The Senate Commerce Committee on Thursday authorized subpoenas for Facebook CEO Mark Zuckerberg, Sundar Pichai of Google, and Twitter's Jack Dorsey.
Sen. Roger Wicker [R-MS], who heads the committee, today said testimony of the three social media CEOs testimony is needed "to reveal the extent of influence that their companies have over American speech during a critical time in our democratic process."
The committee's unanimous vote marked the start of a new bipartisan initiative against Big Tech companies, which have been under increasing scrutiny in Washington and from state attorneys general over issues of competition, consumer privacy and hate speech.
Facebook, meanwhile, is expanding restrictions on political advertising, including new bans on messages claiming widespread voter fraud. The new prohibitions laid out in a blog post come days after President Donald Trump raised the prospect of mass fraud in the vote-by-mail process during a debate with Democratic rival Joe Biden.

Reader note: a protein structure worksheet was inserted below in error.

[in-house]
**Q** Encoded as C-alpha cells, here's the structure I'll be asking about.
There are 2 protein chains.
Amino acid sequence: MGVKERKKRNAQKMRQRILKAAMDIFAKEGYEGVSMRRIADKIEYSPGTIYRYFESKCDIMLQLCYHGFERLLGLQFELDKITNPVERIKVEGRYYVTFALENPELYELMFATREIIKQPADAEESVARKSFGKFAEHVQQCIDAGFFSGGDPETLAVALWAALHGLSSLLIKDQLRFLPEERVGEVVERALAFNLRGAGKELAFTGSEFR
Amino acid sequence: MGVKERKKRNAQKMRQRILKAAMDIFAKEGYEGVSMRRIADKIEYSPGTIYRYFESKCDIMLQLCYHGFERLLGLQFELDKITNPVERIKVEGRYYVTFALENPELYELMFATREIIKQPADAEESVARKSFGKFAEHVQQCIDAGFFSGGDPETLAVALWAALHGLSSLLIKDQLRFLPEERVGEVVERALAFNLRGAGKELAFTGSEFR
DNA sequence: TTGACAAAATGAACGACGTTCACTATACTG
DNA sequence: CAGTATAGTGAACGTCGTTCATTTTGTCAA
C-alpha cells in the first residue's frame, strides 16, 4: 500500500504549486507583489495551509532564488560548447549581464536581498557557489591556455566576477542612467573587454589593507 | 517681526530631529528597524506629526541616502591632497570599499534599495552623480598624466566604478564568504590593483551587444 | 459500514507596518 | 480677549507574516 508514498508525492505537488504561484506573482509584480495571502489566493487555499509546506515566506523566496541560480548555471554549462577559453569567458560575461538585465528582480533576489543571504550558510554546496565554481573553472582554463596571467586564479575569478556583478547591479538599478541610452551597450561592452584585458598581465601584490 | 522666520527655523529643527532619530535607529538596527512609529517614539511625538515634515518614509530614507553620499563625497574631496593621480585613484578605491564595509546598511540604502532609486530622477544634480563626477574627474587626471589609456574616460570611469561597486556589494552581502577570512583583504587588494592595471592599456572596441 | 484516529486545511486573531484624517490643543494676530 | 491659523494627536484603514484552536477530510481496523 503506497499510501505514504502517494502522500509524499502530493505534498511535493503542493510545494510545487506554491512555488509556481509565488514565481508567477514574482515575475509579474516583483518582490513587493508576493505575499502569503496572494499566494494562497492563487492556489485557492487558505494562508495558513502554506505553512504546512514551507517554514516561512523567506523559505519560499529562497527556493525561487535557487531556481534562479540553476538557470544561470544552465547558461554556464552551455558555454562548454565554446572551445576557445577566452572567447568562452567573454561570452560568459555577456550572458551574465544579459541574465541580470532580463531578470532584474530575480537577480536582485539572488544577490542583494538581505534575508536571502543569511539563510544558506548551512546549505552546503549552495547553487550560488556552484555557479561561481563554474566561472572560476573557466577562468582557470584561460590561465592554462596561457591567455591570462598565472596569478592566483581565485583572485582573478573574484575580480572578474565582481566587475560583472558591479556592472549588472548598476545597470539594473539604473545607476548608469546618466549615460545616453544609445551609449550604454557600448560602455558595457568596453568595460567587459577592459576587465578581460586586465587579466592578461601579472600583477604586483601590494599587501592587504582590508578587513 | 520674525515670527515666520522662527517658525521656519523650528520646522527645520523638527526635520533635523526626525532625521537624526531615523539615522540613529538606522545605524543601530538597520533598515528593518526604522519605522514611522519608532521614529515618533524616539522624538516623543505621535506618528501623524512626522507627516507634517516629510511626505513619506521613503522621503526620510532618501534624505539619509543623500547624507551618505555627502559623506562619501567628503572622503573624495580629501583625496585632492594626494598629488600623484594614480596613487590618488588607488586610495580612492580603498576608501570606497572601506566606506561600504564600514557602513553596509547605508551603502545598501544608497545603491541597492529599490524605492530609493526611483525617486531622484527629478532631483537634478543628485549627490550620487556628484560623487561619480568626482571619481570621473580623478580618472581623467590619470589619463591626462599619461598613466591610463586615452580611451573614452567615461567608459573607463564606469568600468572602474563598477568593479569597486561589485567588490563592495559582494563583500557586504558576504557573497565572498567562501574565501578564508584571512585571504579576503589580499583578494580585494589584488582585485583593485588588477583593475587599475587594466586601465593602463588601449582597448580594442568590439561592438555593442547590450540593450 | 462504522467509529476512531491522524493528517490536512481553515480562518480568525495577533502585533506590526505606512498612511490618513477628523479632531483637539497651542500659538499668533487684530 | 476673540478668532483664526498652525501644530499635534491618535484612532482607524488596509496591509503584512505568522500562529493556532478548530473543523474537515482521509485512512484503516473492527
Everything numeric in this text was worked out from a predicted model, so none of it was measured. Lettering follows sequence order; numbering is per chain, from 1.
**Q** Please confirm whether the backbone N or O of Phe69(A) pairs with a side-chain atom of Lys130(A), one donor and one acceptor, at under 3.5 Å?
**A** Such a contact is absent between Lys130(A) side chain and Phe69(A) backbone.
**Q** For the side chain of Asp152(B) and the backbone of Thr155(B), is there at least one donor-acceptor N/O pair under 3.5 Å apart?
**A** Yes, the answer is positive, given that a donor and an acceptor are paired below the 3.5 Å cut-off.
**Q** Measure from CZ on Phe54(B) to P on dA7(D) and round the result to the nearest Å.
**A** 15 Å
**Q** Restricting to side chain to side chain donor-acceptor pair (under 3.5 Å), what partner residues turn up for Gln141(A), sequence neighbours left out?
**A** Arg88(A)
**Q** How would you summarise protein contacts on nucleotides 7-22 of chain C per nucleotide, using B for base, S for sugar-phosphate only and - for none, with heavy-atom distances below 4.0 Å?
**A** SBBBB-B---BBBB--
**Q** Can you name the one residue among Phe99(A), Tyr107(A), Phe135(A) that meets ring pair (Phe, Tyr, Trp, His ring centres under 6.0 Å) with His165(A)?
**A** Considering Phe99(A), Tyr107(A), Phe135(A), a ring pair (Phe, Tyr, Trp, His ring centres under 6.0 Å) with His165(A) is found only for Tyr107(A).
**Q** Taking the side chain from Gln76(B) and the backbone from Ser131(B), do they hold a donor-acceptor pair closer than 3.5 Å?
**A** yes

A new review by The Associated Press found that Facebook and Twitter still aren't enforcing even the limited restrictions they've recently put in place to stem the tide of dangerous material from QAnon, with an audience of millions on their platforms. The two companies had promised to stop encouraging the growth of the baseless conspiracy theory, which fashions Trump as a secret warrior against a supposed child-trafficking ring run by celebrities and government officials.
Read more at AP: Senate panel moves to compel 3 social media CEOs to testify